It set the stage for a willingness to spar with Romney – an interaction that often doesn’t happen in town-hall debates, where the emphasis is on engaging with the questioner – and it happened repeatedly through the night, as Romney and Obama tussled with each other about their positions and statements on energy, the Libya attack, immigration, and tax policy.
Romney’s strongest moments in the debate came when he characterized Obama’s first four years in stark terms.
“I think you know that these last four years haven't been so good as the president just described and that you don't feel like you’re confident that the next four years are going to be much better either,” Romney told a questioner who said he had voted for Obama four years ago but was less optimistic this time around.
“I can tell you that if you were to elect President Obama, you know what you're going to get,” Romney said, before launching into criticisms ranging from unemployment and the growing numbers of people in poverty to his failure to reform entitlement programs or immigration. “The president has tried, but his policies haven't worked,” Romney said.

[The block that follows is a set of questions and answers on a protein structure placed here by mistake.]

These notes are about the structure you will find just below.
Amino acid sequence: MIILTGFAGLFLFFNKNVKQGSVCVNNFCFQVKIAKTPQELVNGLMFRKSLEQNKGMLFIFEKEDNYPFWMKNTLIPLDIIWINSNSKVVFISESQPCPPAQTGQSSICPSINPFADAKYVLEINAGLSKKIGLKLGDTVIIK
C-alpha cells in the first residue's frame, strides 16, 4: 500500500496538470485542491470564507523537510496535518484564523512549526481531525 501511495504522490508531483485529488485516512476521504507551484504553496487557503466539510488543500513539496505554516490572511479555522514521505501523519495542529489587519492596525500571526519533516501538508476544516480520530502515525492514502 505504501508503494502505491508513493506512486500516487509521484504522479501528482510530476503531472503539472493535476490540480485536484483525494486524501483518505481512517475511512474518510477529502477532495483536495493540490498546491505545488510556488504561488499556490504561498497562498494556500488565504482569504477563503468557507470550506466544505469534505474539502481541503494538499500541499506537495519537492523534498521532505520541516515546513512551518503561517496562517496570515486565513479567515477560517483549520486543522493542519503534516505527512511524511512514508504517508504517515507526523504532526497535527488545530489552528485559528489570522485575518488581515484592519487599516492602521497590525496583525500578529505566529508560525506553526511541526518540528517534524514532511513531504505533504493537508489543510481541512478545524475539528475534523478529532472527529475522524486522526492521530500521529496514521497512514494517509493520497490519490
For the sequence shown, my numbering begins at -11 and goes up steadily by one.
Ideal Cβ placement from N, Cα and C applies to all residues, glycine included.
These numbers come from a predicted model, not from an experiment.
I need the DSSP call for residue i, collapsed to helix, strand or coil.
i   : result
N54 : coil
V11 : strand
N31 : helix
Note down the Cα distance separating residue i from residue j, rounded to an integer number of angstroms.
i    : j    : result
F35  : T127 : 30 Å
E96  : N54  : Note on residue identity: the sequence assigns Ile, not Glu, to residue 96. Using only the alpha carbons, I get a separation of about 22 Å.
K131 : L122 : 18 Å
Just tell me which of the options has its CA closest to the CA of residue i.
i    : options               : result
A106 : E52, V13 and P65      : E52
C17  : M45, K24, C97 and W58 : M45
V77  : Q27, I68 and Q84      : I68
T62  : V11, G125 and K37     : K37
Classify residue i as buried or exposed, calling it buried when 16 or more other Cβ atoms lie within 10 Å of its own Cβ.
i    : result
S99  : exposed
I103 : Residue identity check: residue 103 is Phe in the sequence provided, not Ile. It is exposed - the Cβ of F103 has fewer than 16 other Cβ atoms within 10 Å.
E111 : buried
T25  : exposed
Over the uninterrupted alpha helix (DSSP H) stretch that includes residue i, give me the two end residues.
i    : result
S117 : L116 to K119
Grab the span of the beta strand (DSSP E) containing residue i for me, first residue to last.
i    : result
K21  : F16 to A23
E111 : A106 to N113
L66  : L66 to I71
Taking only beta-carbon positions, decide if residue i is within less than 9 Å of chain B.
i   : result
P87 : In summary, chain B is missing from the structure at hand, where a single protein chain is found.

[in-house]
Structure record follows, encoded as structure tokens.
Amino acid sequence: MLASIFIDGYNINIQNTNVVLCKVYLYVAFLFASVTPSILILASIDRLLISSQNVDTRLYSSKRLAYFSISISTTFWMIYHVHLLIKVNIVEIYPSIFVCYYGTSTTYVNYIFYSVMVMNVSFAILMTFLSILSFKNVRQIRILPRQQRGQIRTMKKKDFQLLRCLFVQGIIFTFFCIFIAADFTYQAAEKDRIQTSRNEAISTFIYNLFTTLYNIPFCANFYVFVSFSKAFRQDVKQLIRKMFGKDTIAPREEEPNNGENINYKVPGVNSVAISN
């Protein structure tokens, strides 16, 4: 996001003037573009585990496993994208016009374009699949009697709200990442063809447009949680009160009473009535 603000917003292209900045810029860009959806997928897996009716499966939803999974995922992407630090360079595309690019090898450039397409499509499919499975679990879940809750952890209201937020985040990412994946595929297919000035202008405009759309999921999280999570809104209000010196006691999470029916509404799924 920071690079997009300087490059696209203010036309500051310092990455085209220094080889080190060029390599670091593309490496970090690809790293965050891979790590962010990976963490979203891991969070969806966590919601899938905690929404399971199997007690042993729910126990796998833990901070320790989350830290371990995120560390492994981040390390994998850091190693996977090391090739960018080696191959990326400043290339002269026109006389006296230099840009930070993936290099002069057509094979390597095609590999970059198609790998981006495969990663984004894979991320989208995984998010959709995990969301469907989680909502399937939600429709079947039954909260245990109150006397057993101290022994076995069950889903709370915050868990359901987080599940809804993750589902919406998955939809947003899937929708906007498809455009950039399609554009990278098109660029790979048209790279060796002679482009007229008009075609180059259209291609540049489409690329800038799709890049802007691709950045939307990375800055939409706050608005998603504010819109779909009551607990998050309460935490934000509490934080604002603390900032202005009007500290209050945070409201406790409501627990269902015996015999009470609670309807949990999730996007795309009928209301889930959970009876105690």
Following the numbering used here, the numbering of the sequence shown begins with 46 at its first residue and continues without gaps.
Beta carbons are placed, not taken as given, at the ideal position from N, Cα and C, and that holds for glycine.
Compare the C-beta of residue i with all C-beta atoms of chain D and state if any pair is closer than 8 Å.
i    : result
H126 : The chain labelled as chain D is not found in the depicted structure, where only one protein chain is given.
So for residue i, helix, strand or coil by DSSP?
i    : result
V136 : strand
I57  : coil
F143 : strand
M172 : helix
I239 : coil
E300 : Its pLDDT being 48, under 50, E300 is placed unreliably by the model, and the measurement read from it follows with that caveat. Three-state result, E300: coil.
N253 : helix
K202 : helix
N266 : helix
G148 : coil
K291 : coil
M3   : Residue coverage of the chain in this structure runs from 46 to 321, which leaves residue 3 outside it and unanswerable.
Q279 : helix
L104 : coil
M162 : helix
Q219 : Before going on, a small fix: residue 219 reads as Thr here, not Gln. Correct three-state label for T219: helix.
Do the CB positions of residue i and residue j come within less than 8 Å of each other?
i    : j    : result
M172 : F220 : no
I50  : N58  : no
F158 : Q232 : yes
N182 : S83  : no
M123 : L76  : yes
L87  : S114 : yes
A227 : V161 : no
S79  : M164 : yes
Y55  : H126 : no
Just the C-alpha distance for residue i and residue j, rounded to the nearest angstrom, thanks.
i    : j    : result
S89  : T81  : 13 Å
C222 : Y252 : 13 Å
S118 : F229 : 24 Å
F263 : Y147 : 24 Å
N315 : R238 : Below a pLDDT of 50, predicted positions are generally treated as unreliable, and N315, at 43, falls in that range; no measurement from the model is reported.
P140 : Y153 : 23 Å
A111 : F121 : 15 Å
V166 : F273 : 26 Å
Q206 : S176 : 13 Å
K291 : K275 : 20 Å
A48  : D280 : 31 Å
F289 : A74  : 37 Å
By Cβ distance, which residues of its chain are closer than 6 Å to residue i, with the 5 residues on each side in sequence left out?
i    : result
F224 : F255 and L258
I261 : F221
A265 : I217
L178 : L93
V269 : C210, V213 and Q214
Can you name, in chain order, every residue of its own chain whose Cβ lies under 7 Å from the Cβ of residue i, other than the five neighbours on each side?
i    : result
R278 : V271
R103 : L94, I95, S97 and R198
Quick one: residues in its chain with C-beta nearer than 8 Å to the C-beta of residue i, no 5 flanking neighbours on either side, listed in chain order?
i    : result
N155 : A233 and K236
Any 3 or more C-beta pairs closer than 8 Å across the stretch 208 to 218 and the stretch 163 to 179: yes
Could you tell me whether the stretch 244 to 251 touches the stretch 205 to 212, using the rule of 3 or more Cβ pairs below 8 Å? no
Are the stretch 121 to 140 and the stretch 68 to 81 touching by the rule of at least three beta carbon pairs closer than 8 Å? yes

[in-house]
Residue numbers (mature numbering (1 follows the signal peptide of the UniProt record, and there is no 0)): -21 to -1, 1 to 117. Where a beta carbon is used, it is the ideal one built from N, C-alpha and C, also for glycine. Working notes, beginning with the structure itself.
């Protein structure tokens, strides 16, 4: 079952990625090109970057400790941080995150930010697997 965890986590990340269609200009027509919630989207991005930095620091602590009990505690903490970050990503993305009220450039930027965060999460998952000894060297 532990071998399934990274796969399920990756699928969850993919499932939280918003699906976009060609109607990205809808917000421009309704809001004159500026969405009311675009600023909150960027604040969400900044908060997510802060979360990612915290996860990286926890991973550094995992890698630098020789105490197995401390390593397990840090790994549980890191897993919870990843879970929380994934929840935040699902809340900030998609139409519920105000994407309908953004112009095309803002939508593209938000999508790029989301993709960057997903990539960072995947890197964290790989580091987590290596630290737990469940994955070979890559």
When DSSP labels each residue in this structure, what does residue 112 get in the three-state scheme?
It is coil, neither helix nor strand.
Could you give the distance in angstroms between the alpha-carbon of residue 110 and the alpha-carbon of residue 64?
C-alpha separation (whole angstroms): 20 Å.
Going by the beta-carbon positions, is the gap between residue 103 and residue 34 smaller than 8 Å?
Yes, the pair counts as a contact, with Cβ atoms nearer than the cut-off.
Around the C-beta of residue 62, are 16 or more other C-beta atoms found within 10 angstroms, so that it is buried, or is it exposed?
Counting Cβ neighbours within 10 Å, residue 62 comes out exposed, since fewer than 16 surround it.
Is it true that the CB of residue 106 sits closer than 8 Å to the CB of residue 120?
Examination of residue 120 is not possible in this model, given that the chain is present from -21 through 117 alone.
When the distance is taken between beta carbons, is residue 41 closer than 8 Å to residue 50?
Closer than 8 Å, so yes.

Romney was strong at the debate's end, too, though he misfired notably when he answered a question on gender pay inequity by referring to “whole binders full of women” that he had his staff in the Massachusetts governor’s office bring him when there weren’t enough women candidates for cabinet positions. The phrase quickly became one of the most mocked of the night on Twitter and elsewhere.
But Obama, who had the most to gain from this debate, came in with a particularly tall agenda.